Binding Angles

The next thing to work out is the angle each binding should be set to. The splines on the mounting discs normally let you set the angle of each binding in 3 degree intervals, which can be adjusted while the mounting screws are loose. Binding angles are refered to in degrees with 0° being flat across the snowboard, a positive angle for when the toes are turned towards the front of the board, and a negative for when the toes are turned towards the back of the board. When binding angles are quoted like +21°/+6° the first value always refers to the front foot, irrespective of whether the rider is regular or goofy.

For different types of snowboarding there are different general binding setups, although these all change with the personal preference of the rider.

Forward Stance

For general snowboarding, carving and off-piste snowboarding, a forward stance is good. This is where both bindings are angled forwards, with the front binding usually between +30 and +12 degrees and the back binding usually between +12 and 0 degrees. This stance is a comfortable stance, it lets you see where you are going well, and is also good for beginners. One place where it struggles though is riding switch, as it is harder to see where you are going, and puts your body in an uncomfortable position. This is why for freestylers a forward stance is generally not the stance of choice.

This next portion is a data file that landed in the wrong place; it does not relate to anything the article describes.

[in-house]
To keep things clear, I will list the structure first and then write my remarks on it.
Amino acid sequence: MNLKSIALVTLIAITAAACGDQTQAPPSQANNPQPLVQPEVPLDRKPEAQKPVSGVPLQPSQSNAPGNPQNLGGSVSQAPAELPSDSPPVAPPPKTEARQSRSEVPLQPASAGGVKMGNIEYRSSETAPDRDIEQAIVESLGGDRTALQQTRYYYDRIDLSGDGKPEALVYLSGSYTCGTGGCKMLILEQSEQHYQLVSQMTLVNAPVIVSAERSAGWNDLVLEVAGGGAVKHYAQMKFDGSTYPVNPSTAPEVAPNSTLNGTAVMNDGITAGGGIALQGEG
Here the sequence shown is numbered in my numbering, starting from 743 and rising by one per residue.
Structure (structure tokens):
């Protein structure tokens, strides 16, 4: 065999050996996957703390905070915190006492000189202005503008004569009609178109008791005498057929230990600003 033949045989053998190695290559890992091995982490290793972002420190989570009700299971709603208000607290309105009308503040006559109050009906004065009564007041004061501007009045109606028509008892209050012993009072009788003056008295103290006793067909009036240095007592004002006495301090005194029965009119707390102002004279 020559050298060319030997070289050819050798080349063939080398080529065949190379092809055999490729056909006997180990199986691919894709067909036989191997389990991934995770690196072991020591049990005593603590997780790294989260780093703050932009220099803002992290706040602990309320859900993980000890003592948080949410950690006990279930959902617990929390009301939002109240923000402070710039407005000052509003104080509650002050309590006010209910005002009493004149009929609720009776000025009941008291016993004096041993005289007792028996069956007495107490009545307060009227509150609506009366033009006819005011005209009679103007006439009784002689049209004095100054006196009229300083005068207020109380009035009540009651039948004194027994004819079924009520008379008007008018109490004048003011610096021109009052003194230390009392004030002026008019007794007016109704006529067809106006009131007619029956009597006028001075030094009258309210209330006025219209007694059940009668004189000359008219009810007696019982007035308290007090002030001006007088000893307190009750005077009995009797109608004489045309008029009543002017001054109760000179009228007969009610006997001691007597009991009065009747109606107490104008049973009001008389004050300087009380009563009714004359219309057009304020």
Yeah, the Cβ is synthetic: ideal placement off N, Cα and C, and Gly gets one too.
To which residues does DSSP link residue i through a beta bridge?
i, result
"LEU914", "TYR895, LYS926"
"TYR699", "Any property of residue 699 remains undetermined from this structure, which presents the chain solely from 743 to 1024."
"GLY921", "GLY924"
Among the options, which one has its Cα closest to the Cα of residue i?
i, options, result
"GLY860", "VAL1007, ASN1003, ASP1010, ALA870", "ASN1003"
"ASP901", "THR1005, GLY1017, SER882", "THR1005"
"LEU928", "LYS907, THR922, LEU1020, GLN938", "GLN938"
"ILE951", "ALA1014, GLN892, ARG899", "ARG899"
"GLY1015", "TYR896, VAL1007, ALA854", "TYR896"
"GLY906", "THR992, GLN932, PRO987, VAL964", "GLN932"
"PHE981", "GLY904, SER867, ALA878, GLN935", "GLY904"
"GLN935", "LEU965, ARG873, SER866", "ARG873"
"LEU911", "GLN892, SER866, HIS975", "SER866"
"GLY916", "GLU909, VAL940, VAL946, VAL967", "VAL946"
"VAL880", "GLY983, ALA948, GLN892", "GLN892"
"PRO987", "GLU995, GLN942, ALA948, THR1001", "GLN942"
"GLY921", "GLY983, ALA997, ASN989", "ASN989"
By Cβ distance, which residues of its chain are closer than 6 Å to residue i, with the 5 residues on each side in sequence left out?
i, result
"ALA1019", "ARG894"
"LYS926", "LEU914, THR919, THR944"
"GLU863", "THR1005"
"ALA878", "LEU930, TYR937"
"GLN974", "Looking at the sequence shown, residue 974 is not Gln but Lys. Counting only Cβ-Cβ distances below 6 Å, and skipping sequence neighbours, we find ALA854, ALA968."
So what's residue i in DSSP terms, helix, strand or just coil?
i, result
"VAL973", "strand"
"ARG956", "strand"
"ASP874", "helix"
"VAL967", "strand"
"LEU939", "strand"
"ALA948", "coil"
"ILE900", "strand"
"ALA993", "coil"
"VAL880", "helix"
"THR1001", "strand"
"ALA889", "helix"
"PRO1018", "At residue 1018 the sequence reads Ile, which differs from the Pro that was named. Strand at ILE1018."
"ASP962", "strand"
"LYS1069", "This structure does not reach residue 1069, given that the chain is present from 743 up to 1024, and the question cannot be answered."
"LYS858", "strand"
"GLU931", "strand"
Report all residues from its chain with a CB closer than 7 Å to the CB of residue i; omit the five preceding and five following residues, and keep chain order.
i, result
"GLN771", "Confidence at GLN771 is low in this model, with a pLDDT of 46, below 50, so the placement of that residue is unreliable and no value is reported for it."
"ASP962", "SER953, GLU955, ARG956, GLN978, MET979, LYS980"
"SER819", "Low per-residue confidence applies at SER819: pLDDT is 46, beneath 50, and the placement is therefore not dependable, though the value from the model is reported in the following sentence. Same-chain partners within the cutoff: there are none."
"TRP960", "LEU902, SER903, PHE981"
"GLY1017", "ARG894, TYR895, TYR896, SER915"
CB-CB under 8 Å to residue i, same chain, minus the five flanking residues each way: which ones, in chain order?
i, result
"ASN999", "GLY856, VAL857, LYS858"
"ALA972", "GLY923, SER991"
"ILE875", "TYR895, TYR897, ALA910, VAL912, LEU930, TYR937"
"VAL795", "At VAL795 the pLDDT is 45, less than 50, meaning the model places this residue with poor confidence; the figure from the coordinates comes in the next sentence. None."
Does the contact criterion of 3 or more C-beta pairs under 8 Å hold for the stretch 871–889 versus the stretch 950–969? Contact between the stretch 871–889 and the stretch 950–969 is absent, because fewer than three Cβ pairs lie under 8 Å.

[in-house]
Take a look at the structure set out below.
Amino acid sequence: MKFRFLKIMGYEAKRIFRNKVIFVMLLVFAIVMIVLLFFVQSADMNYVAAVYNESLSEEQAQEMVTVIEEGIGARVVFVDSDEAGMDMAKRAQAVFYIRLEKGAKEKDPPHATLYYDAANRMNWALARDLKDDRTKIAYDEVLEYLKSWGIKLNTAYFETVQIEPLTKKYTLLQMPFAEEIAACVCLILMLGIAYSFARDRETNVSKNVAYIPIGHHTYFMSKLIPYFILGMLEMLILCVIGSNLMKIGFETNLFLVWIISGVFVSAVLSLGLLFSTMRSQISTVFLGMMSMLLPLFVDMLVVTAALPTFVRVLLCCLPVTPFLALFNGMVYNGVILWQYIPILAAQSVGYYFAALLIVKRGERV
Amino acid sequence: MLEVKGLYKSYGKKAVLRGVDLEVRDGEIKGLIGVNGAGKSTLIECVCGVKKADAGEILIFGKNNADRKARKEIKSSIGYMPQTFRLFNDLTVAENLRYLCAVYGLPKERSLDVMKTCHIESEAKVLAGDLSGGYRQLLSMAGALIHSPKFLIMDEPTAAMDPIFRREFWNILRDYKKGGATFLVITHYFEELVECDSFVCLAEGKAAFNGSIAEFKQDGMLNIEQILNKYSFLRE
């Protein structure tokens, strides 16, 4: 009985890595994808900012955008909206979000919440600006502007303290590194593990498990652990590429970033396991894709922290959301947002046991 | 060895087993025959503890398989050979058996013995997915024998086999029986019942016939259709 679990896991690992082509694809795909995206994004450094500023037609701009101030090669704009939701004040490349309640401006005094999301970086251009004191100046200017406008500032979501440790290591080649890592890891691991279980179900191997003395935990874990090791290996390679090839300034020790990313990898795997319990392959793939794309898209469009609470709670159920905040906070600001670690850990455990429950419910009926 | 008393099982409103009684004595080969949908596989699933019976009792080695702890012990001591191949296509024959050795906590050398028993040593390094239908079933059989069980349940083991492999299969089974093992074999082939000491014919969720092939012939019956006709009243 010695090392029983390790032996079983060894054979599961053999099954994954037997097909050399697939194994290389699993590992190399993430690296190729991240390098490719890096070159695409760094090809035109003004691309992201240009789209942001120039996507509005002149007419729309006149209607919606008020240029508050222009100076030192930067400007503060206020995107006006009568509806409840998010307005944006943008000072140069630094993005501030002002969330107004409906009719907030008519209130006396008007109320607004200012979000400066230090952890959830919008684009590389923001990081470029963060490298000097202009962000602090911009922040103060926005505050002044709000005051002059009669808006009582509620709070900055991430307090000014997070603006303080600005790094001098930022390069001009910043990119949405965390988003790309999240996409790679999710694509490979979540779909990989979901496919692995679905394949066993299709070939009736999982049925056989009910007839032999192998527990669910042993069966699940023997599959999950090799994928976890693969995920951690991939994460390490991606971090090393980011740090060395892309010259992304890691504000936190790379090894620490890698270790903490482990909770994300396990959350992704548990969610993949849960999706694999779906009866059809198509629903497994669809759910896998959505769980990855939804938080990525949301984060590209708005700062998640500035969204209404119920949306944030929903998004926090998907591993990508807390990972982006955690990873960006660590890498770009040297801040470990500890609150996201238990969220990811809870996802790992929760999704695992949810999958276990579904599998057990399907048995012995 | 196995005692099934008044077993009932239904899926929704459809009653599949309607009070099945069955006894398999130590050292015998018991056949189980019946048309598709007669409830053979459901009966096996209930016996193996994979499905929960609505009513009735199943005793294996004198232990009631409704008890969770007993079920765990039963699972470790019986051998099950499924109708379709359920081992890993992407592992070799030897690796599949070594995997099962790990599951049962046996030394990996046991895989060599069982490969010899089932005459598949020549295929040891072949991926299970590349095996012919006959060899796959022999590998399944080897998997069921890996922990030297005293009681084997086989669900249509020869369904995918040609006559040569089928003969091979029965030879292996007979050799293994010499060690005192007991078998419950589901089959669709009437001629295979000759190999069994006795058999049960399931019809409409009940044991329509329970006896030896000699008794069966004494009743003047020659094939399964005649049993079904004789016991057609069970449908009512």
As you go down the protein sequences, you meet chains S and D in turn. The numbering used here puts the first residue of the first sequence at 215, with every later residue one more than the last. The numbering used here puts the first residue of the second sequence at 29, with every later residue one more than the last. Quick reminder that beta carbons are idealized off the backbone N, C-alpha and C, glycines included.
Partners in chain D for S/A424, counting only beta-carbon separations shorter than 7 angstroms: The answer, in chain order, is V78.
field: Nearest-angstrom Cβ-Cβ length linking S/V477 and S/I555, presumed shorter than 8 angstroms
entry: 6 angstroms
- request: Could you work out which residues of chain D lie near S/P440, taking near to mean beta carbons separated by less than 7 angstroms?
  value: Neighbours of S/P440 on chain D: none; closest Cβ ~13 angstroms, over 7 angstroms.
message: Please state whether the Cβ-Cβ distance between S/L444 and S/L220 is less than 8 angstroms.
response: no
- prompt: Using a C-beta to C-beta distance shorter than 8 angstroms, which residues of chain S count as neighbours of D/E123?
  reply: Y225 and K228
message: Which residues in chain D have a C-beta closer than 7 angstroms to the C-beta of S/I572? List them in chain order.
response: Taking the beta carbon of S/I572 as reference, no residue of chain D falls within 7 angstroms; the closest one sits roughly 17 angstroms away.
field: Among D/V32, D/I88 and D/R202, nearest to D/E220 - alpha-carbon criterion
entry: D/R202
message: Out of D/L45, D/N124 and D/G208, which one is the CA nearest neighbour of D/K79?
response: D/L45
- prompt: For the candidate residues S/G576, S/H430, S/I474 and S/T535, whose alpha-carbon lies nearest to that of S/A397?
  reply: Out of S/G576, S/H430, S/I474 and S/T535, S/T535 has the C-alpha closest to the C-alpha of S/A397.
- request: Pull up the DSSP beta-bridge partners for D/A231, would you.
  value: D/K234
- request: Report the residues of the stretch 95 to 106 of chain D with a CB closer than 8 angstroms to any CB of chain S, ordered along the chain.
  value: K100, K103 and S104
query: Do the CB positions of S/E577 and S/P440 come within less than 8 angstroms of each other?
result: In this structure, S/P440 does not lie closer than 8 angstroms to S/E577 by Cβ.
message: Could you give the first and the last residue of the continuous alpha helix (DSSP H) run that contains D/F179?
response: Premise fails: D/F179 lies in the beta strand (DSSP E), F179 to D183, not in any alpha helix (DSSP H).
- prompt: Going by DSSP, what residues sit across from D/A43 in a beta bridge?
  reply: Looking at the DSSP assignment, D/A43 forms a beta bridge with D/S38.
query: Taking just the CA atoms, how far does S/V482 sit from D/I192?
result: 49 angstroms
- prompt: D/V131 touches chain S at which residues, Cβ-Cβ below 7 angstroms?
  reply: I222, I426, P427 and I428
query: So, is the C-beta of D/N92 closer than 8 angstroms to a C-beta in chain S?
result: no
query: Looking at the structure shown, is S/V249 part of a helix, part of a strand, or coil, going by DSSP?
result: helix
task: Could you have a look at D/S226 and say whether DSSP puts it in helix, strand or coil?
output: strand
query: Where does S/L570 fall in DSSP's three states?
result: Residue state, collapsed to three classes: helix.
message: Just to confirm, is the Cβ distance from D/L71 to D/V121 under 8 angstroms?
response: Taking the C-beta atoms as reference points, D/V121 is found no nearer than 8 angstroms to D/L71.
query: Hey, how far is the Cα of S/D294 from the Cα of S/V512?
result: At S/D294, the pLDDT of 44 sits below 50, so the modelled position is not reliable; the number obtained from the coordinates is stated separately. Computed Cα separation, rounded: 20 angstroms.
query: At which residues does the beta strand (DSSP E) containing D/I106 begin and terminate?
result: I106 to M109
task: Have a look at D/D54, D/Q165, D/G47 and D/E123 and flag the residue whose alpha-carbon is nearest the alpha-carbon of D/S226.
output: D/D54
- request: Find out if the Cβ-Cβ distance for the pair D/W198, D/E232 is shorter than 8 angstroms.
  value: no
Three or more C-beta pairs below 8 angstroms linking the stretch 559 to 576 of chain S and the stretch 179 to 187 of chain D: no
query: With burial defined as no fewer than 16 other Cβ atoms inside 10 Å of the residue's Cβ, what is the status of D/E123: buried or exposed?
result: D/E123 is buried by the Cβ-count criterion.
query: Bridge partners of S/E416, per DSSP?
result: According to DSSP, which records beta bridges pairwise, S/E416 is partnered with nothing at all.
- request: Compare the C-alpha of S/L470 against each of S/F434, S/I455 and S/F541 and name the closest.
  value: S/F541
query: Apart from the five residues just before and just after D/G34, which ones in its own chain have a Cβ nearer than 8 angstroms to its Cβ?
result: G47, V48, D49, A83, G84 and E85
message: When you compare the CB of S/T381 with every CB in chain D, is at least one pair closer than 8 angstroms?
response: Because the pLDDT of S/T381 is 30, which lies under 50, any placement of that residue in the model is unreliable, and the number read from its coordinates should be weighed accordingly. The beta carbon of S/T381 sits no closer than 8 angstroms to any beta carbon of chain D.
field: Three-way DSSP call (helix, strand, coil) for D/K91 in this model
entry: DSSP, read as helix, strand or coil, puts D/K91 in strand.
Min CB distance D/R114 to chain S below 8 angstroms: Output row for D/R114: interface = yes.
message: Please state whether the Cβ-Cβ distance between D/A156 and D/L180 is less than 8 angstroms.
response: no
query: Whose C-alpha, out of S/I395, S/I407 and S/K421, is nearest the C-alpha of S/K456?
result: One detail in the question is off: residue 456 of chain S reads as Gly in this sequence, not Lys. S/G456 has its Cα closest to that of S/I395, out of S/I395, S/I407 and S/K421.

Duck Stance

For freestyle the duck stance is very popular, this is where the front foot is angled forwards and the back foot is angled backwards. Although this might not be the most comfortable stance for some, it is good at allowing you to snowboard in either direction along the board, which is very handy for freestyle where snowboarding backwards (switch, fakie) is very important. When both feet are at the same angle (i.e. +15°/-15°) it is called a full duck, or mirrored stance, and when the back foot is not angled as much as the front it can be called a slight duck. The duck stance can also be used for beginners on a freestyle board with a centred stance, this makes the board the same to ride in either direction, which is good for anyone who initially can't decide if they are regular or goofy and needs to experiment.

Although most commonly used for freestyle, the duck stance can be used for any style of riding, it just comes down to personal preference. It's not uncommon for freeriders to use it, and it can even help them to perform tricks in the powder.

Flat Stance

Another stance that is reasonably common is the flat stance, where both bindings are at 0 degrees with no angle on them. This again makes it reasonably easy to ride in both directions, and some find it more comfortable than a duck stance.


If you have never snowboarded before, it is recommended that you start off with binding angles of close to +21°/+6°, and after you have snowboarded for a bit you can then start to experiment with other angles once you start developing preferences.

Binding Position Across The Board